“Seed companies and garden shops say that not since the rampant inflation of the 1970s has there been such an uptick in interest in growing food at home,” writes Times reporter Marian Burros.
The New York Times recently told its more wealthy readers to consider buying a rural cottage, or even log cabin, to ride out the water and food riots that militarized police forces are preparing and training for. How bad could global food shortages ultimately get? The lives of many hundreds of millions who have never known hunger before are threatened.
On the flipside, people should never listen to thee Wall Street Thugs because they will always give you advice based solely in filling their pockets and never in the interest or welfare of the people. You should also know that there is no shortage of food. Yes, we suddenly see disease or sickness has caught on around the world, but it is only because of stock brokers who are now playing casino bets on world food production and hoarding food to mimic the peak-oil zealots.
Never again fall prey to these commodity sharks who would even sell cow dung as the wonder drug of youth and really get away with it. This is because “suckers are born every minute” as P.T. Barnum once said. Work the Soil and grow your own Food.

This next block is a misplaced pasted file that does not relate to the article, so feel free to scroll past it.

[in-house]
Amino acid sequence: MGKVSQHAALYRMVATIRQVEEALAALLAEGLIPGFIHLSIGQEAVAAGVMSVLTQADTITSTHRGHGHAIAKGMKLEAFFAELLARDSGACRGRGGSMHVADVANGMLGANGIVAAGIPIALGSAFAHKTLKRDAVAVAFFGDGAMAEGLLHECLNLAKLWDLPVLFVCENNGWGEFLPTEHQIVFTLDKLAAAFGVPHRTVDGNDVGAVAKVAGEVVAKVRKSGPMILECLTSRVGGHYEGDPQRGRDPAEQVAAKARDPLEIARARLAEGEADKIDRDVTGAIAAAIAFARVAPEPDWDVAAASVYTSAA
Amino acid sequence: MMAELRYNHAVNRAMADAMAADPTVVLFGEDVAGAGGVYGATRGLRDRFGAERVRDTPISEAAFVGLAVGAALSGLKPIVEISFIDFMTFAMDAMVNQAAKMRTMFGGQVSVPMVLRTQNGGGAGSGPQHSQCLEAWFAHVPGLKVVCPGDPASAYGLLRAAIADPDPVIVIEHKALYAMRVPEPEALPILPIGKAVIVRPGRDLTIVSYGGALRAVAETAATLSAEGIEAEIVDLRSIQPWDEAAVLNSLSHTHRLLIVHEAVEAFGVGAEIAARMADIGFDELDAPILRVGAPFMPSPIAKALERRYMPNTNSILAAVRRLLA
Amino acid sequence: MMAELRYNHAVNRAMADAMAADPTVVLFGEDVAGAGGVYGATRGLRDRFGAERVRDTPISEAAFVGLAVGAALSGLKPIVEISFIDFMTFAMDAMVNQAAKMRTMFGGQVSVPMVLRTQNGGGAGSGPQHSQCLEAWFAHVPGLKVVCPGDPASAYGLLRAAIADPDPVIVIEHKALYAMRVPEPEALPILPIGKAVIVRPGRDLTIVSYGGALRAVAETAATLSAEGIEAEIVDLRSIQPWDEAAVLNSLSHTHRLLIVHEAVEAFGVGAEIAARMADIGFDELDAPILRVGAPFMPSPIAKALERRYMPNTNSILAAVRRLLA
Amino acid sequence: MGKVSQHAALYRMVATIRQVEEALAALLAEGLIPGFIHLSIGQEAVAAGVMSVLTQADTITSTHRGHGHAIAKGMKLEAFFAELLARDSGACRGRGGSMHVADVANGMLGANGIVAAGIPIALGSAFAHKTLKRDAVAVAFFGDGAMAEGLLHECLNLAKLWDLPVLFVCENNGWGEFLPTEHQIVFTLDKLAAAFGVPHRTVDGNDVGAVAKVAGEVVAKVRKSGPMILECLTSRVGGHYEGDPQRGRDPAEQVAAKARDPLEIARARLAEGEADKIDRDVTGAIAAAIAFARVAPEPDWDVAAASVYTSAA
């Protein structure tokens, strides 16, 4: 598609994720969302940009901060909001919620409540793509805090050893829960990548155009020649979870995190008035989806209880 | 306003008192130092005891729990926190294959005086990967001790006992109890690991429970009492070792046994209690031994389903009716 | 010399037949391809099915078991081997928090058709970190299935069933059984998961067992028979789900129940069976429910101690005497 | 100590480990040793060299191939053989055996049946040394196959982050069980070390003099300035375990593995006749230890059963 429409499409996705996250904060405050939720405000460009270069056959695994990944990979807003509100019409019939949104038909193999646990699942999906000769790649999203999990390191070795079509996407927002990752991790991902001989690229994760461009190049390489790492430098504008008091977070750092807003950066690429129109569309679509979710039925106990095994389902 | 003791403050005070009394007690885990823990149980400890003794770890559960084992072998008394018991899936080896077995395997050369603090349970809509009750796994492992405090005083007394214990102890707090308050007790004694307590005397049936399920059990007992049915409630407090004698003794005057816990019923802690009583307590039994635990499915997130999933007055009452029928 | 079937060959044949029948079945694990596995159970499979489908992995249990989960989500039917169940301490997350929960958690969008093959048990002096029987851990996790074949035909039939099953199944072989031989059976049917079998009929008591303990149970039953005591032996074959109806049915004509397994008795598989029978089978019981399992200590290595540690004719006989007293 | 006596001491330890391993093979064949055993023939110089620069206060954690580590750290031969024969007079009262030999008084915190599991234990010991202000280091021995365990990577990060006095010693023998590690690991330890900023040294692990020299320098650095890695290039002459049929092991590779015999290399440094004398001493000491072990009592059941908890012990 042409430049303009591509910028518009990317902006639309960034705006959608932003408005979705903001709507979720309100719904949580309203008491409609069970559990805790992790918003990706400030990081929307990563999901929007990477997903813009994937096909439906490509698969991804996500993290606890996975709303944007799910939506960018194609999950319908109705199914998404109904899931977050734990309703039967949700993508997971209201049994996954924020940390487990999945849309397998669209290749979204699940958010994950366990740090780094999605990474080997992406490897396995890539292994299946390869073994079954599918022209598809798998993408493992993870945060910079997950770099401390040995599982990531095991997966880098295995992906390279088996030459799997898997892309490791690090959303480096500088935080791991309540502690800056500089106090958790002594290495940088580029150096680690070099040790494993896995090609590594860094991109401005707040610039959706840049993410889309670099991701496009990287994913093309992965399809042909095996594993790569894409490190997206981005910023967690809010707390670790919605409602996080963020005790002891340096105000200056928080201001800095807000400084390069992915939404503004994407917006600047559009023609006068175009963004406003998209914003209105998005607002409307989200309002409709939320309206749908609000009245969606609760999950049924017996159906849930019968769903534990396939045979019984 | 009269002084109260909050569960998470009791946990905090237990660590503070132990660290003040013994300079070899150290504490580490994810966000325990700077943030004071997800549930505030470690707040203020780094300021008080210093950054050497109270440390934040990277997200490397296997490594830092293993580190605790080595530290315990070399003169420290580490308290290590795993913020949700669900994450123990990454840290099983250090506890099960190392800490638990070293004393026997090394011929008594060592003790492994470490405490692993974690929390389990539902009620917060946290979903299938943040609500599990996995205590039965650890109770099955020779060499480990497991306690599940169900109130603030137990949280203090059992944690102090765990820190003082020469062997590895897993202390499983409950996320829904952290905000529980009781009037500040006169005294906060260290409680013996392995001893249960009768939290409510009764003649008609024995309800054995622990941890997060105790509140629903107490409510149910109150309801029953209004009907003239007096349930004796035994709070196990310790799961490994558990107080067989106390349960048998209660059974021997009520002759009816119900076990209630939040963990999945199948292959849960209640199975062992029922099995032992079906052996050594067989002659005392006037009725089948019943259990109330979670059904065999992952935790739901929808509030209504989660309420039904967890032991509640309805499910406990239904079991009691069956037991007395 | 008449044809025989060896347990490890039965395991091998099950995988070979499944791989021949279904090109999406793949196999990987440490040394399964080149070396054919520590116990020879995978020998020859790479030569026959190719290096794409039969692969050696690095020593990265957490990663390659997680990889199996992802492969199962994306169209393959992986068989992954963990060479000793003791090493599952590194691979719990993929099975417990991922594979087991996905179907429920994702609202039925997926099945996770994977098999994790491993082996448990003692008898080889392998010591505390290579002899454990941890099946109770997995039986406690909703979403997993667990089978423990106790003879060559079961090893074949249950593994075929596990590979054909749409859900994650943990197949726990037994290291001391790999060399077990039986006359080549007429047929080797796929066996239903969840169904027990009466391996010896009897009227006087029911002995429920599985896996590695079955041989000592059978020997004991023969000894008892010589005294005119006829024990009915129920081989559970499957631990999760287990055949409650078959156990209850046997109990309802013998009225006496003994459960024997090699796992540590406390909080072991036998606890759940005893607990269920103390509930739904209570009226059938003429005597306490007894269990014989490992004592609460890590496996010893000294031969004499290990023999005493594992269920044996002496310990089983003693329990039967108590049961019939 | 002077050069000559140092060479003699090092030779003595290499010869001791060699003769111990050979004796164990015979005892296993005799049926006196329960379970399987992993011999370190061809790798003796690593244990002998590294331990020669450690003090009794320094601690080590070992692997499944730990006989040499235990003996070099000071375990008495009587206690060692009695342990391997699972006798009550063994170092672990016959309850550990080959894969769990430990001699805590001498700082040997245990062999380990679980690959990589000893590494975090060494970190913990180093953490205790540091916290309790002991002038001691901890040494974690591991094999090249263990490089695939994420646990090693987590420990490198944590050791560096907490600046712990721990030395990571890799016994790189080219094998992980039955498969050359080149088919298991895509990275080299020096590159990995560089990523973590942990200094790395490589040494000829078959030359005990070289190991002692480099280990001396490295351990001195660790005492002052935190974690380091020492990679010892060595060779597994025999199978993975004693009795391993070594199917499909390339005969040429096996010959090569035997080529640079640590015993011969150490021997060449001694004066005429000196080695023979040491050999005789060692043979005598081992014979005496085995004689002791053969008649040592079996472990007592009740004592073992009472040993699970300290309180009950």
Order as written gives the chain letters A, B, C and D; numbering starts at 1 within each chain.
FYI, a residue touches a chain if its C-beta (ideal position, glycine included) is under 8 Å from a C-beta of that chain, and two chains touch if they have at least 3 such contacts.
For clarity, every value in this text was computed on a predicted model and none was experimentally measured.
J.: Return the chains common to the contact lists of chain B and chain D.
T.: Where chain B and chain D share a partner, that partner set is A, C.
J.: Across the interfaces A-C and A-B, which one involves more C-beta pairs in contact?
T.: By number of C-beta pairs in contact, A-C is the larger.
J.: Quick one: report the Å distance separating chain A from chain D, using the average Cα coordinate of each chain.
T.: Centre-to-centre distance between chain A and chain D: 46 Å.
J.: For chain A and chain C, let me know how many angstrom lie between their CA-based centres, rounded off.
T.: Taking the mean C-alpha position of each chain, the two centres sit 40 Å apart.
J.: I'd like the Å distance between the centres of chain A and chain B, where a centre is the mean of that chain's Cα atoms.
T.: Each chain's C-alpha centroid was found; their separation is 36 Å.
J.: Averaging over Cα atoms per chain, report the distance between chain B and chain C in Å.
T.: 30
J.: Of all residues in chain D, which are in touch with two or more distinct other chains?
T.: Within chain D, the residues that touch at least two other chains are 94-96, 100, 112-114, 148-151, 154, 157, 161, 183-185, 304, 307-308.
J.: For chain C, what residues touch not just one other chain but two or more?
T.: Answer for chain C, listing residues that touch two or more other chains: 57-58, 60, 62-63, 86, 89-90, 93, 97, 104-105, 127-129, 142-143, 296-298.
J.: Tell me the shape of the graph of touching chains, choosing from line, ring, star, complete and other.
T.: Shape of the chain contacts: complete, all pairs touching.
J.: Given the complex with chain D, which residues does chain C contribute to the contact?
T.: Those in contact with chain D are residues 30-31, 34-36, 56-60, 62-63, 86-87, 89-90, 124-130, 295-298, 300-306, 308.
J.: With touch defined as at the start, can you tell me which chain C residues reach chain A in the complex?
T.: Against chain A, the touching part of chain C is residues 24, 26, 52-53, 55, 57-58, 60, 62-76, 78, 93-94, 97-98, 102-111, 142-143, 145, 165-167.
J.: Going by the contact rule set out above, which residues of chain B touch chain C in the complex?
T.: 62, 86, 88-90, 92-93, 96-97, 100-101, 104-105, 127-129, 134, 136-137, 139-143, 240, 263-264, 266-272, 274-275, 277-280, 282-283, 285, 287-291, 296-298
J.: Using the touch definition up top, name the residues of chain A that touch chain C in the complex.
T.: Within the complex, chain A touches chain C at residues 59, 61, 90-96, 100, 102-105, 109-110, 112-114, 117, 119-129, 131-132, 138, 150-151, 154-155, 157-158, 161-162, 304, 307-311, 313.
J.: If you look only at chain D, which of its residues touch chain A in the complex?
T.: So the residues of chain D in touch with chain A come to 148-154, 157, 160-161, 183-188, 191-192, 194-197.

Booming preparedness industry says Americans are stockpiling
by Drew Zahn of WorldNetDaily
To some, the term “survivalist” conjures images of camouflage-clad men stockpiling freeze-dried food in a mountain cabin, but in the current economic crisis, the people quietly preparing to survive catastrophe may just be your next-door neighbors.
In his column in last month’s Financial Times, business and technology expert Ade McCormack writes, “The world is in crisis and with it the world of business. Many of us have two plans. Plan A involves President Barack Obama performing some economic magic. Plan B involves a revolver, a vegetable patch and a subscription to Survivalist Monthly.”
And while McCormack was writing with a hint of jest, dissent over the president’s trillion-dollar spending approach to the economy has left many average, everyday Americans considering something looking suspiciously like plan B.
Discover the shocking truth about the U.S. economy – and what you can and must do – with “Black Hole,” the most recent edition of WND’s acclaimed Whistleblower magazine!
Bill Heid of Survival Seeds, a company that sells “banks” of high-yielding vegetable seeds sealed for long-term storage and awaiting a family’s need to grow its own food, says business is skyrocketing.
“It’s been dramatic, nothing short of dramatic,” Heid told WND. “The survivalist mentality used to be considered a fringe element, but now that economic times are such as they are, many more average, regular folks are adopting the same set of preparations.”
Heid told WND what’s most notable is that his boom in sales isn’t coming from just the usual survivalists stocking up for a Y2K-like event.
“Ninety percent of our increase in business is new business,” Heid said, “people who have never thought about surviving in case of emergency before.”